syringa vulgaris absolute
Next to rose and jasmin, the Lilac fragrance is probably the perfume which is most frequently created by the perfumer from synthetic and natural raw materials. Up to now, the essential oil producing houses have been unable to offer a true, natural oil, derived from lilac flowers and representing these flowers satisfactorily in odor effect. Only a few houses in Grasse, France offer materials which are said to be derived exclusively from lilac flowers.
An absolute has been prepared from the flowers of lilac by hydrocarbon solvent extraction and subsequent alcohol extraction of the produced concrete.
tsca definition 2008: extractives and their physically modified derivatives. syringa vulgaris, oleaceae.
|Name: ||syringa vulgaris l. absolute|
|CAS Number: ||68916-92-7|
|Category: ||fragrance agents|
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|Appearance: ||green to dark green viscous liquid (est)|
|Food Chemicals Codex Listed: ||No|
|Specific Gravity: ||0.94900 to 0.96100 @ 25.00 °C.
|Pounds per Gallon - (est).: || 7.897 to 7.996
|Refractive Index: ||1.47900 to 1.48300 @ 20.00 °C.
|Odor Type: ||floral|
|Odor Strength: ||medium ,|
recommend smelling in a 10.00 % solution or less
| ||sweet green animal basil |
|Odor Description: |
at 10.00 % in dipropylene glycol.
|sweet green indole basil|
| || |
|Hermitage Oils Australia|
|Lilac CO2 ORGANIC (TOTAL)
Use: There is no lilac essential oil – the yield is non-existent.
There is no lilac absolute – many attempts have failed.
Throughout history the desire for the beautifully floral scent of lilacs has spawned many different blends, fragrance oils and butters and although these have become gradually more sophisticated and complex as new materials are discovered, they are all still just imitations of the naturally sweet floral delight of the natural lilac. Even the so called lilac pomades of the past were actually perfumed with a mix of benzoin, styrax and hyacinth pomade.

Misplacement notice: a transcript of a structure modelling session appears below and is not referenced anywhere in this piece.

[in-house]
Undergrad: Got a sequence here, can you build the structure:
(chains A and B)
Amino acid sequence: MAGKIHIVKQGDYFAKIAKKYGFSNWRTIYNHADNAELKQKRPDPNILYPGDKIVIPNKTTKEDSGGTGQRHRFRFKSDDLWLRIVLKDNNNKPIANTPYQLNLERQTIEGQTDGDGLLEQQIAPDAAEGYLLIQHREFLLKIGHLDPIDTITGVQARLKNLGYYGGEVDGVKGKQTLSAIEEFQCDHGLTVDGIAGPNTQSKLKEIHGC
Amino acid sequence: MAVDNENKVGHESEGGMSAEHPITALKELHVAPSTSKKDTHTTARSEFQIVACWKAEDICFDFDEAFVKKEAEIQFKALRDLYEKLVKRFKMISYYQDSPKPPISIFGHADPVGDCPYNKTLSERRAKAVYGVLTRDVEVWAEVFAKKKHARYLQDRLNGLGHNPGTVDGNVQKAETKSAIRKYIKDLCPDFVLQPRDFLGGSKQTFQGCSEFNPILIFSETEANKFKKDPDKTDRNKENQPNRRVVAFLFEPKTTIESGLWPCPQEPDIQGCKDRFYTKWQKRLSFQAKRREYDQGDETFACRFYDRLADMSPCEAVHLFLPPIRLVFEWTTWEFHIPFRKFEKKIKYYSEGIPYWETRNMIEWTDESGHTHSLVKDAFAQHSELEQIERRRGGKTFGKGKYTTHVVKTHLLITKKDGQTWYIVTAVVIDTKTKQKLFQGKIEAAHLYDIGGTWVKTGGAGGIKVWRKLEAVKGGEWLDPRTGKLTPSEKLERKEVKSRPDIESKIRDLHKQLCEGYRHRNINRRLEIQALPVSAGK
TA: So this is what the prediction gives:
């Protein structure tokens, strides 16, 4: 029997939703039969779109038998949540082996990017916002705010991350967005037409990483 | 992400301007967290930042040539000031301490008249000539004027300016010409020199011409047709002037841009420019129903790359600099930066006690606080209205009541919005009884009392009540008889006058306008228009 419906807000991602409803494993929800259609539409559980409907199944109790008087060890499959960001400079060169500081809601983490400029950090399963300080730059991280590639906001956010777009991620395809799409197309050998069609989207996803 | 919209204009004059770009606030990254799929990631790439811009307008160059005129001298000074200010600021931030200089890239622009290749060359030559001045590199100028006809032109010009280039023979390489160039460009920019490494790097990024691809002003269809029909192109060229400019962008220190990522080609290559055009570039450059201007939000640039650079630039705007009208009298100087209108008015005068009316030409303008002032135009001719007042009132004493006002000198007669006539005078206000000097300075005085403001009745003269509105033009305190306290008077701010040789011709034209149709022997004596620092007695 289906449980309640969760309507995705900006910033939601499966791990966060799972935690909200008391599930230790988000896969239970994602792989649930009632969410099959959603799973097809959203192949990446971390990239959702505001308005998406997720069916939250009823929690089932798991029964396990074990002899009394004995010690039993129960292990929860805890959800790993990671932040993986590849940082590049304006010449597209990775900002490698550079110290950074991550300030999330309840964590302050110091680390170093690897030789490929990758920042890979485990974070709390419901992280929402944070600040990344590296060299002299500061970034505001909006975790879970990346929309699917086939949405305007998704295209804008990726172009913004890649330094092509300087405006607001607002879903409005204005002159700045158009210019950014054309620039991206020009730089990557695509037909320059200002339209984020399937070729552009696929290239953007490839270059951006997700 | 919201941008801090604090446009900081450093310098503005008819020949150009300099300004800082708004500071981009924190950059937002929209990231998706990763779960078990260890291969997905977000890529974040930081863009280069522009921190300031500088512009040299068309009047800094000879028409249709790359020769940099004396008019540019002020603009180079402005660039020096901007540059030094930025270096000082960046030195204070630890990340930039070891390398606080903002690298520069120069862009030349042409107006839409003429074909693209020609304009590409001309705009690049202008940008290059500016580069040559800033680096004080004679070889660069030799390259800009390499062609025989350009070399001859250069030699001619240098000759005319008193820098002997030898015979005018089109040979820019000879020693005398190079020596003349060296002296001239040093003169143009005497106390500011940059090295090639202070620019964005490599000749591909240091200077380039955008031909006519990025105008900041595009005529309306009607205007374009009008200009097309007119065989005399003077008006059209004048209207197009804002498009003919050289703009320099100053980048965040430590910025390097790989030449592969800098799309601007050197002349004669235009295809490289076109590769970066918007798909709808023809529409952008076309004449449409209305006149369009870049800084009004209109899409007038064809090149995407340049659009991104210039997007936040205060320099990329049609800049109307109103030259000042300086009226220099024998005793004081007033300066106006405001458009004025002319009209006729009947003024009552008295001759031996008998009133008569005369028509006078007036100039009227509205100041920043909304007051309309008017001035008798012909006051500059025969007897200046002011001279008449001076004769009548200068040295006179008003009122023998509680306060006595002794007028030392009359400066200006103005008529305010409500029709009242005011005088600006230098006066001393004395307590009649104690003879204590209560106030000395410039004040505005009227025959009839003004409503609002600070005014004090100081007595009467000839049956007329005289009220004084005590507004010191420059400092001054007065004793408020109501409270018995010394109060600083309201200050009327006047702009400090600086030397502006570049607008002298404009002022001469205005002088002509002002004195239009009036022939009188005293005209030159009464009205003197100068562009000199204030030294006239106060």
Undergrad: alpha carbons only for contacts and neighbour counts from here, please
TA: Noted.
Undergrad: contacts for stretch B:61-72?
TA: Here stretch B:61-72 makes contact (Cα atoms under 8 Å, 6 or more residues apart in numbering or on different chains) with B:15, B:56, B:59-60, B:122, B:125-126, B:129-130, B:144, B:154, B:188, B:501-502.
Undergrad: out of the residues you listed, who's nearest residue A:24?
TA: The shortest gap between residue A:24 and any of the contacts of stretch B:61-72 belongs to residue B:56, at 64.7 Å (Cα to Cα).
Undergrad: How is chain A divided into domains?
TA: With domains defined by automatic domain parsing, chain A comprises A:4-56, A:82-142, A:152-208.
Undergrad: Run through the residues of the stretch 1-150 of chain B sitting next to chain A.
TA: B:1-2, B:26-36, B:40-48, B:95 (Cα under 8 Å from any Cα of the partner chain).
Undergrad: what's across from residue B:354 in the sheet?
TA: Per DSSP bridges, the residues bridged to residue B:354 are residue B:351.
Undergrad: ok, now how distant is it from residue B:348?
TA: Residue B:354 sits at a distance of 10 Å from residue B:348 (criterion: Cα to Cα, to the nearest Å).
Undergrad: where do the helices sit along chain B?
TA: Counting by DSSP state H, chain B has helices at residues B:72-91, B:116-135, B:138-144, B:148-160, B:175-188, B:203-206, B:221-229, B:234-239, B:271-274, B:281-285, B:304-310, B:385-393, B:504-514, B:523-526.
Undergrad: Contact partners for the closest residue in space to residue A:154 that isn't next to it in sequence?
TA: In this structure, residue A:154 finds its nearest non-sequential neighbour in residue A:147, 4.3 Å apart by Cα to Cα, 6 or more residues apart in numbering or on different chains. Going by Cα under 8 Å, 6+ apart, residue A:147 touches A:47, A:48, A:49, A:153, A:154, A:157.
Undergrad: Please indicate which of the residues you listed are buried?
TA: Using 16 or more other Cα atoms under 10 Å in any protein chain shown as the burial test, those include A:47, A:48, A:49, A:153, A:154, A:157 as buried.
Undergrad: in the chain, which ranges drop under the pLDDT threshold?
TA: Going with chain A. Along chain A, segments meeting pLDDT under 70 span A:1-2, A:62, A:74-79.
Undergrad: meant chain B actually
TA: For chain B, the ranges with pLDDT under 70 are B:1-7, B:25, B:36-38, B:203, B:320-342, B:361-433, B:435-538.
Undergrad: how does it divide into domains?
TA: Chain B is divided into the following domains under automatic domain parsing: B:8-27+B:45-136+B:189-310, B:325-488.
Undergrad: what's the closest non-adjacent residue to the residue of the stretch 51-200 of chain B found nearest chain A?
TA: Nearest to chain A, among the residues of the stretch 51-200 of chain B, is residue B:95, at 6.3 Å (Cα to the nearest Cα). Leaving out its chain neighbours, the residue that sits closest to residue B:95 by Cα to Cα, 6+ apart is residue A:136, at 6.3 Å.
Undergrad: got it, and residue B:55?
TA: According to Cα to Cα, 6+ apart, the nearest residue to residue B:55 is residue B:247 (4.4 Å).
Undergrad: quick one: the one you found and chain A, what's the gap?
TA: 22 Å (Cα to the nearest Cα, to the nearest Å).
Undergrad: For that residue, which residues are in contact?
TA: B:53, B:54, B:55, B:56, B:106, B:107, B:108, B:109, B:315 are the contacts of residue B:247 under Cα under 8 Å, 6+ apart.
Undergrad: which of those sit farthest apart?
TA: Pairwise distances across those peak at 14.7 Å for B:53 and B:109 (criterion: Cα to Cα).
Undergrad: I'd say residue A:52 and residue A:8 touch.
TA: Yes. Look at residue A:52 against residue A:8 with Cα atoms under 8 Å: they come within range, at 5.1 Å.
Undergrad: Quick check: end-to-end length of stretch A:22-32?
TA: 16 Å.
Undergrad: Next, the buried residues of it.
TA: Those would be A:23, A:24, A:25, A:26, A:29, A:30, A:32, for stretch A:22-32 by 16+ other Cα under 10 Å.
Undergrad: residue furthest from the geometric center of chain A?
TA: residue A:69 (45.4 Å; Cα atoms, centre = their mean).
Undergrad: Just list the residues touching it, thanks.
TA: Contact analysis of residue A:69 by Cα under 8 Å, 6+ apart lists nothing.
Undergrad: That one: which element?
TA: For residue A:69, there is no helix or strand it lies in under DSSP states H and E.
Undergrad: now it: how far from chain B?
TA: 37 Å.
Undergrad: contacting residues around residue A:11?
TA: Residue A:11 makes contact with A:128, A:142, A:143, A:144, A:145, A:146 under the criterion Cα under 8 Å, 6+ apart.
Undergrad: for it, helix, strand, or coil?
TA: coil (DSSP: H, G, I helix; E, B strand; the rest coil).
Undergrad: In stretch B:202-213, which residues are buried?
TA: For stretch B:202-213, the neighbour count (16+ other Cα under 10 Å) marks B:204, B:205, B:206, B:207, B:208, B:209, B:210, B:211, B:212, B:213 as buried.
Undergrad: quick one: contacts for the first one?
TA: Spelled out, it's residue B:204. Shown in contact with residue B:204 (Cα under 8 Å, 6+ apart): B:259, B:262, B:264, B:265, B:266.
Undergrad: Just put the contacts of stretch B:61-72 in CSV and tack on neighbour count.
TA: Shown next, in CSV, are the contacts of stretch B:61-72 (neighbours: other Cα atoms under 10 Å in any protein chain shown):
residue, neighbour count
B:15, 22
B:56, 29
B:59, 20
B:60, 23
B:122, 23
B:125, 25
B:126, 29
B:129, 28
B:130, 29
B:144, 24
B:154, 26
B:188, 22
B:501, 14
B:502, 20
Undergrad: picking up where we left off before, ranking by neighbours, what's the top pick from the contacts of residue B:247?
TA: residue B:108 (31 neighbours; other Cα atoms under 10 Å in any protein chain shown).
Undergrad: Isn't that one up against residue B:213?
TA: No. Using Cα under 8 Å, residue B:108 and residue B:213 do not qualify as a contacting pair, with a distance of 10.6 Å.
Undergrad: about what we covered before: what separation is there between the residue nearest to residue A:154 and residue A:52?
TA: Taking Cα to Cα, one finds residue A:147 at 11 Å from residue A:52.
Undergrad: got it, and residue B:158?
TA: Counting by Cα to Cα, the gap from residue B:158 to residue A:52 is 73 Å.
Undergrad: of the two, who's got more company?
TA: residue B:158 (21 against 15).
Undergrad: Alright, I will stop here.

So it really is a great privilege to offer small amounts of this completely natural, completely real extract of lilac flowers. The yield of the CO2 extraction is small and the precious result is golden and waxy with a scent that is gentle, sweet, floral, balsamic and green with an earthy, slightly cresol-like undertone. After a while on the smelling strip, the scent turns quite spicy and cinnamon-like.
Although the fragrance of lilacs themselves may seem out-dated in these sophisticated times, it still remains an important and very useful floral component in modern perfumery.
| Classification of the substance or mixture|
|GHS Classification in accordance with 29 CFR 1910 (OSHA HCS)|
| GHS Label elements, including precautionary statements|
|Oral/Parenteral Toxicity: |
|Dermal Toxicity: |
|Inhalation Toxicity: |
Safety in Use Information:
|Category: ||fragrance agents|
|Recommendation for lilac absolute usage levels up to: |
| || 0.5000 % in the fragrance concentrate.
|Recommendation for lilac absolute flavor usage levels up to: |
| ||not for flavor use.
|Export Tariff Code: ||3301.90.5000|
Potential Blenders and core components note
Natural Occurrence in: note
| ||syringa vulgaris absolute|
|Soluble in: |
| ||water, 2259 mg/L @ 25 °C (est)|